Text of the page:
A Non-Crisis of Confidence (Internal Critic Part 2)

 

2.'Meat For The Cheshire'--Cat Fink
Meat for the Cheshire

Guess what? My internal critic is back. Yes, she’s back, rather like the Terminator but not half so interesting.

I should say, she is trying to come back. I am not letting her. There is choice involved here, and I am using it. The word to my internal critic is NO.

The thing about my internal critic is she tries to make me feel I have no power and no choice. She tells me how badly I am doing, how I don’t possess the skills or experience I need. How what I am creating is all wrong. It is ugly, or stupid, or been done before or better by others. It’s not worth anyone’s time and I’m not worth anyone’s time. I’ll embarrass myself, family, friends.

Putting it plainly, my internal critic is a bitch.  No sugar-coating it.  A bitch who is attempting to keep me safe by stopping me from creating and from creating publicly. She is all fear. There is no love in anything she says. Safety is not the same as love.

What I have recently discovered is that my internal critic actually serves a purpose for me. When she shows up, I know I am not standing in my authentic self as artist, writer, creativity coach, blogger. She tells me when I am not claiming and using my power as the creator I am.

She tells me when I am working and creating from my head and not my heart. My best, strongest, most expansive creations come from my heart and love. Passion. My head is brilliant at organizing, planning, structure, logic, and detail. I need and treasure what it does, but what it does must be partnered by my heart and love.

I know why my internal critic has been especially active the last two weeks. I am moving into a big creation right now, taking a major dream and making it real and public. Something this important and integral to me feels both amazing and scary. My internal critic has noticed and turned up her volume in order to protect me from getting hurt.

She is trying to stop me.

Stopping? Not going to happen.

Not creating this dream would hurt me most.

So, my internal critic, I thank you for voicing your noisy, negative concern. Believe it or not, I love you for helping me see.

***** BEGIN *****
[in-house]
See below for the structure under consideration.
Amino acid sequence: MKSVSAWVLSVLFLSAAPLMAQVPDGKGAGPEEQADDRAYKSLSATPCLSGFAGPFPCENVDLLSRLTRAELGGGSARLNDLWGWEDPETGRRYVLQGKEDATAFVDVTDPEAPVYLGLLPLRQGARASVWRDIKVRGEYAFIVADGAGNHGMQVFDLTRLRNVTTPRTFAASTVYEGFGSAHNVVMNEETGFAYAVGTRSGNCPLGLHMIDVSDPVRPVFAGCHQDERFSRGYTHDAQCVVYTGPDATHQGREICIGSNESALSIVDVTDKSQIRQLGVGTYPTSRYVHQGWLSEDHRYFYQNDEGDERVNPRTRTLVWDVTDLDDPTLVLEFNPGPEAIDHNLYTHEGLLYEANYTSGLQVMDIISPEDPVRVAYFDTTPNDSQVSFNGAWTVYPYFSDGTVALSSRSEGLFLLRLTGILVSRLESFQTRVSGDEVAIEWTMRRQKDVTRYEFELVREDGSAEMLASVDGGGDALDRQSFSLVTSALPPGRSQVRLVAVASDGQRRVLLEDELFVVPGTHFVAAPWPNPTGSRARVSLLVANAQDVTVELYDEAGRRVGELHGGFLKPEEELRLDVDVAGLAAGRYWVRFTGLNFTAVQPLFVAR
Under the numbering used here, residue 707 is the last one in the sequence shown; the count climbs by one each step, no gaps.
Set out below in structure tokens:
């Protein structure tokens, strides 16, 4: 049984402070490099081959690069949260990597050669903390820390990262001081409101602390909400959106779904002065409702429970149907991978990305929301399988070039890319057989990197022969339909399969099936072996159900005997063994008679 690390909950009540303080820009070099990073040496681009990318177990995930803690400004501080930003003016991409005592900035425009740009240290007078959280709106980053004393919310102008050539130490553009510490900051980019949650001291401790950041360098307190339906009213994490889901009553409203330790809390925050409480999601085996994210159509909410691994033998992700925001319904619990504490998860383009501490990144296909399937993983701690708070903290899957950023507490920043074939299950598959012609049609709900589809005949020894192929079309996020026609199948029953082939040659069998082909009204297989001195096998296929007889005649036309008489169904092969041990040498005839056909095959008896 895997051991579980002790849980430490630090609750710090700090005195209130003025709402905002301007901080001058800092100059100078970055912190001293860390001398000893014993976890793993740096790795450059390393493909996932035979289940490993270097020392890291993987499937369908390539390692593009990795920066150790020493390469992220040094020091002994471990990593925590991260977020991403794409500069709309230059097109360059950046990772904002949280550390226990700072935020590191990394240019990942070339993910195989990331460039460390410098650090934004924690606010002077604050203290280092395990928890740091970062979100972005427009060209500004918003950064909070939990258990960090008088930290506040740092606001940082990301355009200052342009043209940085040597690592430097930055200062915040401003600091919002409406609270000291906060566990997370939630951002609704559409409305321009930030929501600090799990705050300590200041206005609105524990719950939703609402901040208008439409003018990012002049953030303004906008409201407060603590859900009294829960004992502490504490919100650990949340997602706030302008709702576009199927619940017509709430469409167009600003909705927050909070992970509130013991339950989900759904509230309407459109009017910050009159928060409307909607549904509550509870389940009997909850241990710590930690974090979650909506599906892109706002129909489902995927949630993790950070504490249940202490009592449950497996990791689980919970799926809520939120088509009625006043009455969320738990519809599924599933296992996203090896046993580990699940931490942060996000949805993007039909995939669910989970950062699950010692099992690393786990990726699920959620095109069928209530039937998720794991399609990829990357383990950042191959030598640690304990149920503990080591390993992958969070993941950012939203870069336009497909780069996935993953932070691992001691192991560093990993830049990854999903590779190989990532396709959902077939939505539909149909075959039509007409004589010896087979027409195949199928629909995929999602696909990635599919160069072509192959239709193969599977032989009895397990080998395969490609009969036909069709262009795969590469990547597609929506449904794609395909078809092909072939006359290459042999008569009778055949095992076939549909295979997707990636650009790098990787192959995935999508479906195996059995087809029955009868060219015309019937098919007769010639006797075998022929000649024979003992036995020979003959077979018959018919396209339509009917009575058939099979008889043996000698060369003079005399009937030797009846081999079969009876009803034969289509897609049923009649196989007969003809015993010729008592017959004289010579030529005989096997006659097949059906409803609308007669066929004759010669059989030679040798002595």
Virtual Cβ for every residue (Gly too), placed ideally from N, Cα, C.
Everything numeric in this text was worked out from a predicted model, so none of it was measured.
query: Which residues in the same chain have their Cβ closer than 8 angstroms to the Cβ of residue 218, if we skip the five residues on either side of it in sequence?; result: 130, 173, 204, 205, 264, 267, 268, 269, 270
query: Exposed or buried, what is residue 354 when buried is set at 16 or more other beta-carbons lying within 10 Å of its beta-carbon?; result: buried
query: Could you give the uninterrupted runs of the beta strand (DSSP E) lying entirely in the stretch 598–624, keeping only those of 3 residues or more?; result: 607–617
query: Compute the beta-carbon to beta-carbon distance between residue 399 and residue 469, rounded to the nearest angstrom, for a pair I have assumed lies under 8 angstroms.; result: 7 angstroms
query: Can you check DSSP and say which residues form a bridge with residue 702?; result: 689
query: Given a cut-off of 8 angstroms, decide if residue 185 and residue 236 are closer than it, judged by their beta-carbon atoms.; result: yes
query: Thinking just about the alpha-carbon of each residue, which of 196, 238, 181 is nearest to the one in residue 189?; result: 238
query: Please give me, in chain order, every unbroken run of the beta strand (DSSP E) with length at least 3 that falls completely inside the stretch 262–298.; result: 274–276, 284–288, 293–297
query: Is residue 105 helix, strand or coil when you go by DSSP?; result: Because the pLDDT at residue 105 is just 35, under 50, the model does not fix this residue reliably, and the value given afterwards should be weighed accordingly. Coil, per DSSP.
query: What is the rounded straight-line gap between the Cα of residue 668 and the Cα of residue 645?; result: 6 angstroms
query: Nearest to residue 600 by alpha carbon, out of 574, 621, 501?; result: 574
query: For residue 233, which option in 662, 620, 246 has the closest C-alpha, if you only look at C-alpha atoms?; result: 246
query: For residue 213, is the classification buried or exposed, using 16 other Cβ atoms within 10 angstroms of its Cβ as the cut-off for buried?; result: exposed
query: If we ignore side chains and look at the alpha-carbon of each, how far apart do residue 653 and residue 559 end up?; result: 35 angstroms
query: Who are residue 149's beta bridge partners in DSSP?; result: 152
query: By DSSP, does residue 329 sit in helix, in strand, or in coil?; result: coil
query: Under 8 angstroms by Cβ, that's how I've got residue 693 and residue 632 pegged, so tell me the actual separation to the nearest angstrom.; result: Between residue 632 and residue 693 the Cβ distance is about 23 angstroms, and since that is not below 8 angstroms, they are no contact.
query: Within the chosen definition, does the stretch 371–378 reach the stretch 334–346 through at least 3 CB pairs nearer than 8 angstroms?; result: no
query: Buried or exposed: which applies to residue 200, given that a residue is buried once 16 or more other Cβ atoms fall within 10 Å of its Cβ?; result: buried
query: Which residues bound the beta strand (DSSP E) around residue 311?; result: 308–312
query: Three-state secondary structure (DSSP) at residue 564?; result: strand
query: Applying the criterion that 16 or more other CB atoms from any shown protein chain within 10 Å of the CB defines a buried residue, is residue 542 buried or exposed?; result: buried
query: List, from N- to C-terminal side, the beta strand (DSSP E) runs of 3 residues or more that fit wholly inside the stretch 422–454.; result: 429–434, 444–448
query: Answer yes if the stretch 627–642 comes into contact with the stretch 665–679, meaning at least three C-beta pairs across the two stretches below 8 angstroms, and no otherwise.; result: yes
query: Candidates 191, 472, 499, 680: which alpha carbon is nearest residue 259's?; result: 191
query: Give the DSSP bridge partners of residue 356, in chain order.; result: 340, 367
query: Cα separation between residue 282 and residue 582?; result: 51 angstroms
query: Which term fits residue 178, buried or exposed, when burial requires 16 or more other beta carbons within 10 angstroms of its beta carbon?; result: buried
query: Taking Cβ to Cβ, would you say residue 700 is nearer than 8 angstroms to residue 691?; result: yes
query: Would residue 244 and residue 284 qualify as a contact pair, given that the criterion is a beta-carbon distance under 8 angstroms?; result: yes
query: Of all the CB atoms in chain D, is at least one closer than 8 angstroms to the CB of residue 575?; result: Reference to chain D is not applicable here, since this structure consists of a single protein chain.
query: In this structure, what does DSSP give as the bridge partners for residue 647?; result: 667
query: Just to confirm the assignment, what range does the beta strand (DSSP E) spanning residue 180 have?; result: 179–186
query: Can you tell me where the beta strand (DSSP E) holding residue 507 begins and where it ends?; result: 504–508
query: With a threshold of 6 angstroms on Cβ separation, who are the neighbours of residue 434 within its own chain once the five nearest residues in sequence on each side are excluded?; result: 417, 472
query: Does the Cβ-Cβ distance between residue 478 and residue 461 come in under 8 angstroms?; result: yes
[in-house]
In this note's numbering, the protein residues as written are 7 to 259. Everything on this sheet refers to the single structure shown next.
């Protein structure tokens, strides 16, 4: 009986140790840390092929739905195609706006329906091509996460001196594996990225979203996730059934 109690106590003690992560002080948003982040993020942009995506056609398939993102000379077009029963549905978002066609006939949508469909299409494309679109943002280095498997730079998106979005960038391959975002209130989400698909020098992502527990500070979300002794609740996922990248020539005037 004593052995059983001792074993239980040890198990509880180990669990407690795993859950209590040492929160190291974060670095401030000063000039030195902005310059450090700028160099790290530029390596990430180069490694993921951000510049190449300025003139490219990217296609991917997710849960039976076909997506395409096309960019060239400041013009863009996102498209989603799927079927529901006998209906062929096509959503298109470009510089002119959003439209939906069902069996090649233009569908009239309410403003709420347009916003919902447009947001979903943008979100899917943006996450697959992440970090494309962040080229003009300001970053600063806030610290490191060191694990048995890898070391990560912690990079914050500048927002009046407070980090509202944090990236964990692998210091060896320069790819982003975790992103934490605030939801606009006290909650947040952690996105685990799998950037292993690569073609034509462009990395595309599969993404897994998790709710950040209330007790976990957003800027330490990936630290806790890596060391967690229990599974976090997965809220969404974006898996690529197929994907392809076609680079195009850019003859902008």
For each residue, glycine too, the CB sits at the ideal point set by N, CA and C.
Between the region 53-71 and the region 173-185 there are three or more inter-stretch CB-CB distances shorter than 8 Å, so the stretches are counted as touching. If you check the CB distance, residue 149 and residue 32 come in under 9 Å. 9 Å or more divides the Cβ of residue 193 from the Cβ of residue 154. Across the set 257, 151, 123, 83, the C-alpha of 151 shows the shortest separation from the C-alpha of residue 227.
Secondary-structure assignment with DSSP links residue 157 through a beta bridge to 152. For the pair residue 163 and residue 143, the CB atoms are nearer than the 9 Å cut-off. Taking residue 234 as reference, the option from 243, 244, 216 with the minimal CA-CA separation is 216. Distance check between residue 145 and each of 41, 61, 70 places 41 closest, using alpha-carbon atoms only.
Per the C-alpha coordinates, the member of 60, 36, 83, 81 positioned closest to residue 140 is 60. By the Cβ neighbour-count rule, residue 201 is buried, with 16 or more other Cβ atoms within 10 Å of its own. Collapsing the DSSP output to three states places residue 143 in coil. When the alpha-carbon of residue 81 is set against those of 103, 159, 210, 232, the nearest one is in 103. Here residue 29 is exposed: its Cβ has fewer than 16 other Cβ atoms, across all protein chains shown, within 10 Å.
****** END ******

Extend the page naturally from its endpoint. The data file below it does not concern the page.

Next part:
Here is how it will go. The creator in me feels and knows where I am going and what dream I am making real. The creator in me feels and knows the possibilities that are here shining before me. The creator in me knows my power and how to use it.

This is what I choose. My power is love. I make my dream real.

________________________

 

You will know from my posts that Julia Cameron, Natalie Goldberg, and Lynda Barry are my creativity heroes. In their books, they talk about the internal critic, how it affects them, struggling with it and what they do about it, how they move past her or him (or it) to get to their creating. Their stories have taught me how to work with my internal critic, and how to get past to where the creating is. If you are curious, my ‘Resources I Use’ page, https://catfinkknowtrustchoosecreate.com/resources-i-use/ ,  has more information about these awesome creators and their books.

Did. Saw. Heard. Drawn.

lyndabarry3I have made my way through Lynda Barry’s book Syllabus: Notes From An Accidental Professor.  Slow reading.  Taking in the content and structure of the pages, the balance and play of image, word, idea, question.  Seeing how her mind moves, and in turn noticing what my mind touches on.

On pages 61 to 63 Lynda talks about ‘Your Daily Diary’, an assignment she gives her students.  I’ve decided to do this for my blog post, and feel what this recording process feels like.

This is how I do it:  Today.  Seven things I did.  Seven things I saw.  Something I overheard someone say.  Draw a picture of something I saw.  All recorded on a single page divided into a grid of four spaces.  Do it fast.  Five minutes total time used to record my day.  I like the speed of this.  My internal critic can’t handle speedy creating, panics about getting run over, and hides somewhere out of the way.  Excellent.

Because I am doing this as my blog post, I’ll use a list rather than the grid.  A list of the sorts of things I notice in my life, what my mind touches.  Moments of being present in my day.  Here goes.

Continue reading “Did. Saw. Heard. Drawn.”

Lynda Barry’s books

I’ve added a new listing to my Resources page:lyndabarry1

Lynda Barry Books ‘What It Is’, ‘Syllabus’, ‘One Hundred Demons’, ‘Picture This’.  The creative process through image and word combined.  I love the questions she asks.

I’ve become a Lynda Barry fan.  I read her books slowly.  There is a lot going on and I want to catch all of it.  I love how her mind moves around the creative process, asking it questions, testing out answers.  Her books invite me to play in the thousand thousand possibilities of creating.  I am a kid again when I dive into one of her books.  How cool is that!

lyndabarry2I read her books with my sketchbook beside me.  I always come away with ideas for my own work, and questions about my writing and drawing process.  I know from experience to write down what comes to me, so that I have it to hand tomorrow, or next month, or next year when I need it.lyndabarry4

Lynda’s books give permission by example, to play and create, each in our own particular way.  Did she intend that?  I don’t know, but this is the effect her books have on me–FREEDOM!  I am already playing and creating in my own way, and she invites me to explore farther and deeper, see what else I can make with my heart and head and hands.

lyndabarry3The book I am reading right now is ‘Syllabus: Notes From An Accidental Professor’.  This book is dense with image and word, pages from the classes she teaches, drawing and writing from her students.  So much to take in and learn here, to experiment with.

Thank you, Professor Lynda!